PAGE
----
Monday, December 30, 2019

It is Monday and Yet

The things with RWA are not better. Don't get me wrong, there was nothing, not even sincere retraction and apology (which not have) was going to magically fix this. But it would have been a start.
Since I was visiting family last week, I realized I wanted to clarify some things from Friday.
-I disagree with the decision regarding Ms. Milan. I have enoyed her books and her advocacy, but that is not why, or not only why. RWA's purpose is to advocate for romance authors. If a publisher can file against an author and have that author sanctioned then RWA is not doing that. It matters too that these were white people getting mad that they were being asked to address racism. 
-As I am a board member with one of my chapters, I am not quitting at the moment. (Totally understand folks who came to a different conclusion.) But yeah, expecting some tough discussions in the coming weeks as we reevaluate things. 
-I had entered the RITA. I have notified RWA that I have withdrawn my entry.
-I decided not to withdraw as a judge (again, totally understand folks who made different decisions). I personally decided I wasn't willing to leave the judging to the folks who aren't mad yet. I am kinda hoping there's not enough entries left and we can all get on to other concerns, but I suspect not enough people are mad yet. Or some folks just left their entry because they uploaded before things went kaboom.
-I wrote about my intention to fix things at the chapter level a bit ago. I wouldn't go so far as to say things are better, but they are not worse. But well, this is worse. This is a lot of failures at once. The organization has survived other debacles before. But as with all errors, it's only survivable if people want to fix it rather than wait for folks to forget.

Friday, December 27, 2019

Things at RWA

I currently hold a leadership position in my chapter, so while I have many thoughts, some of which I shared with the RWA board as myself (rather than as a chapter leader), I am balancing things a bit.
The situation continues to develop, but there is a good round up here:
I have volunteered as a RITA judge this year and took the RWA provided training for such. I completed it with concerns. I typed up a first draft of the letter and then decided to share it in January with RWA's board.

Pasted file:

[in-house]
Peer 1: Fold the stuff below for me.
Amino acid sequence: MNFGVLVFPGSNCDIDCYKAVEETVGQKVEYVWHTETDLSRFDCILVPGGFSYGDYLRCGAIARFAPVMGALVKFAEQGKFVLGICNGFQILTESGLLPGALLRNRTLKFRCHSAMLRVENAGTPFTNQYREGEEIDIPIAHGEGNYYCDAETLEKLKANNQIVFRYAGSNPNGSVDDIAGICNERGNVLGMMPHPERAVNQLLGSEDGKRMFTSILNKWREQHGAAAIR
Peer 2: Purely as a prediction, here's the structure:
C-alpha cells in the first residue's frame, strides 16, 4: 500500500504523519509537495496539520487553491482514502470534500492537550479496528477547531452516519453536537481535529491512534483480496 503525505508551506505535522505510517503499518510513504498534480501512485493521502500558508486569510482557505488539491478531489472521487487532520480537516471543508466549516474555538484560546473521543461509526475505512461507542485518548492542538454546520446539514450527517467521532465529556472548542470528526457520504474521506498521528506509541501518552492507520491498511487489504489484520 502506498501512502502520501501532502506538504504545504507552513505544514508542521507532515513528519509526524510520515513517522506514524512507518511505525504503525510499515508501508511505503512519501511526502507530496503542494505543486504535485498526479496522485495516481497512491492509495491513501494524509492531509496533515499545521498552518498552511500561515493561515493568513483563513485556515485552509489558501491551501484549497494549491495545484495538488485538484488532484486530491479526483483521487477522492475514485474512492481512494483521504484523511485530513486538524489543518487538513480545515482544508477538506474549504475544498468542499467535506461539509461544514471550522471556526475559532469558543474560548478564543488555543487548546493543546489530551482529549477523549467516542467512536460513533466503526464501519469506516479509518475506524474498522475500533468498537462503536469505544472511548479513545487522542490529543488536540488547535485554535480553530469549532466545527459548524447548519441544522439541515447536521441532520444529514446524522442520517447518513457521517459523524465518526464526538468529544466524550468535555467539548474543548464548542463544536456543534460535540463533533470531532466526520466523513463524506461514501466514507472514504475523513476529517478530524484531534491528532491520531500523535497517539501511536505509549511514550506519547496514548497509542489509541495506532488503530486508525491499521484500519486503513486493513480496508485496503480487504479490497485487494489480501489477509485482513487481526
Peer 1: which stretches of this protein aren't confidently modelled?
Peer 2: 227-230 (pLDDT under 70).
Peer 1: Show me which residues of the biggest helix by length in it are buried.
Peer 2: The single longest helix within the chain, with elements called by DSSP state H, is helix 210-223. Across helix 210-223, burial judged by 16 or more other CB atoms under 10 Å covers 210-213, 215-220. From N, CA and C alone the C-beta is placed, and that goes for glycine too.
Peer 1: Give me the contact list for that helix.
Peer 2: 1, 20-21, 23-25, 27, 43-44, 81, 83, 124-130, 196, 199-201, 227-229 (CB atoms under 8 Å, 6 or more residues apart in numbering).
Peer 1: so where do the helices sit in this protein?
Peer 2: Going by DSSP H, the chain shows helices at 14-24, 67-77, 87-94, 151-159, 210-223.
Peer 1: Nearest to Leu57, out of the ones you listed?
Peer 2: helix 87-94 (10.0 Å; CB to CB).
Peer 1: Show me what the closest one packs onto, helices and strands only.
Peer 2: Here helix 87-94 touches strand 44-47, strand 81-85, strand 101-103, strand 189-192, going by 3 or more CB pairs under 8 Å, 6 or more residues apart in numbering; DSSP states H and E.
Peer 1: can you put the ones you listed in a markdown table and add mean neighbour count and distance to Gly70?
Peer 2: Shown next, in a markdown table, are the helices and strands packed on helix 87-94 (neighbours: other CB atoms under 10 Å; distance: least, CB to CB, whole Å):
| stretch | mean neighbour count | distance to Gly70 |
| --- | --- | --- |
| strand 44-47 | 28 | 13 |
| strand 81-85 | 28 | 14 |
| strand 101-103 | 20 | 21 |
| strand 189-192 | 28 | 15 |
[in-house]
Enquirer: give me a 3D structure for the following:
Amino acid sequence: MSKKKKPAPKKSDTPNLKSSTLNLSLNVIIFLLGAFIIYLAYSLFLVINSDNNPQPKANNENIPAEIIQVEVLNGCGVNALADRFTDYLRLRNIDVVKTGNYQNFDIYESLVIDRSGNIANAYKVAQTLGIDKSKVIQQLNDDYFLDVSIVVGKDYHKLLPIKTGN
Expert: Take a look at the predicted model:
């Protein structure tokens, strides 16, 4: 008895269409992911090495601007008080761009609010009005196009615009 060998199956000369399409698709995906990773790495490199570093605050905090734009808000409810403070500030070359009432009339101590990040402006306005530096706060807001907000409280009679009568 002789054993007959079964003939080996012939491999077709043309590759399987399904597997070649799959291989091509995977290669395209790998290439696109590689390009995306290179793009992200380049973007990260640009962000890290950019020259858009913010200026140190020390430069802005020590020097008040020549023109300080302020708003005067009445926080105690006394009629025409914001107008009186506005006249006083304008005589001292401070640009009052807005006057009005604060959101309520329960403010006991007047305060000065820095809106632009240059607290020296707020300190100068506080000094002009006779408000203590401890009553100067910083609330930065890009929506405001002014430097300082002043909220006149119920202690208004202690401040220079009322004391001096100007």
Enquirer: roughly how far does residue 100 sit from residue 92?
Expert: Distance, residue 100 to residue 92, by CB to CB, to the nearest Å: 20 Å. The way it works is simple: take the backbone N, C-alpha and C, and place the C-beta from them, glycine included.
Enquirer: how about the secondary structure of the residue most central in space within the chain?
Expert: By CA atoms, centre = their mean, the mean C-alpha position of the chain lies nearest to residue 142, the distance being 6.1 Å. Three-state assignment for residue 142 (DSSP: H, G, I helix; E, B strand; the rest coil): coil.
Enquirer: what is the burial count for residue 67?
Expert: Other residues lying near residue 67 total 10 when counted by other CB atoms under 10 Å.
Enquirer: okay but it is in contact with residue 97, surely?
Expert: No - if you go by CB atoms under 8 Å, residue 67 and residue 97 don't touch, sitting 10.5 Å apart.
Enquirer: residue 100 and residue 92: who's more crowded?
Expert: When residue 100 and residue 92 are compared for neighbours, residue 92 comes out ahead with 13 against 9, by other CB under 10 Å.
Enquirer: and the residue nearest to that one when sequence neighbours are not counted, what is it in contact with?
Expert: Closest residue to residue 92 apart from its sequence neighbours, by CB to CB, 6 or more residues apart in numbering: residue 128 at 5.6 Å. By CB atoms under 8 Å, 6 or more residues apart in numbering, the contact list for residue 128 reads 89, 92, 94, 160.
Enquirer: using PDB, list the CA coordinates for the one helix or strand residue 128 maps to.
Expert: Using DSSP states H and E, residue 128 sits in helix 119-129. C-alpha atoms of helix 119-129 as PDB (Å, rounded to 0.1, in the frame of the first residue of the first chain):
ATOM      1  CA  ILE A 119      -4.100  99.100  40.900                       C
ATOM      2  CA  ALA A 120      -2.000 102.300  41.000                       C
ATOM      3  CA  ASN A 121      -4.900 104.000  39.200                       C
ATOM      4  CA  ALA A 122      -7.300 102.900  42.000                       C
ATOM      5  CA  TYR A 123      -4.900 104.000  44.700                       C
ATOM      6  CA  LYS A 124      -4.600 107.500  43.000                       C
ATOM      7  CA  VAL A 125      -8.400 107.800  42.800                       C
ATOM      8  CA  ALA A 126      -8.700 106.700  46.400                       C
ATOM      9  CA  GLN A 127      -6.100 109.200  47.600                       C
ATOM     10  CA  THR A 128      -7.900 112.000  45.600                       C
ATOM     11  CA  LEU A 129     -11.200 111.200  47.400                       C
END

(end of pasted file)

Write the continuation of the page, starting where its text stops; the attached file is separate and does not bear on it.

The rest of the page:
My concerns were (and the official letter I wrote is long and rambling even after I cut it, so I am trying to summarize) that teaching implicit bias absent any discussion of power dynamics or structural bigotry leads people to believe all hurts are equal. 
In my view, this sanctioning of Courtney Milan is exactly an example of that.
Since I sent the letter further concerns have arisen, and well, it is really hard to state what things will look like next week or next month.
RWA is a big ocean liner righting things is always tougher than breaking them. 

Thursday, December 26, 2019

Three Interesting Things

1.  I enjoyed this look at Lillie and her series bible business.  (Or as the headline puts it more pithy, getting paid to read and track details.)
2. It has been a busy week in the romance world, but earlier in it we learned Johanna Lindsey died.  Cancer sucks. 
3. And Pink Heart Society has a great round up of holiday reads featuring quite a few holidays. 

Monday, December 23, 2019

My Generally Non-Spoilery Star Wars Thoughts

Note: I'm not going to discuss specifics but am going to talk about my take on the overarching message, so totally understand if you want to save this post until after you have seen it.

I cried through a lot of "The Rise of the Skywalker". It may have partly been stress but a lot of this movie, in a totally expected way is about saying goodbye to those who came before and being unsure you can possibly live up to their legacy.
I vaguely remember the seventies. Enough to tell you that, World War II, and the sense that tyranny was a thing that if it happened there, could creep everywhere had faded. I know my great gramdparents and grandparents probably felt a little differently about that. But so "Star Wars" entered pop culture in a place where it felt like a thing we could make silly space movies set a long time ago about. 
And now, well, the idea of creeping fascism taking over seems far more beleivable for some of us. (I realize it was never far for some.) So what we needed from this final trilogy wasn't just the vision of defeat but the message. The idea that some people have more power than others, but that if we choose, we can all be a piece of this. That you may feel unready and unprepared, but guess what? That's adulting! That you are stronger with your friends than without. That sometimes you get help from unexpected places. And that seriously, being rude to your droid will always come back to bite you.

Thursday, December 19, 2019

Three Interesting Things

1. This is a thoughtful reflection on biscuits and making a life in DC.
2. This piece looks at the deeper meaning of link in bio
3. CW: implications of fictional incest
This piece on the Folger's ad where the siblings appeared to have a lot of sexual chemistry is both sillier and more serious than you might expect. 

Monday, December 16, 2019

In Pursuit of a Photo

I watched a bride hold her dress hem out of the puddles and was reminded of this story. My friend got married and I was one of the bridesmaids. It was one of those years that seems to happen at least oncebin everyone's life where a number of weddings and such occurred. I think I ended the year having attended seven weddings.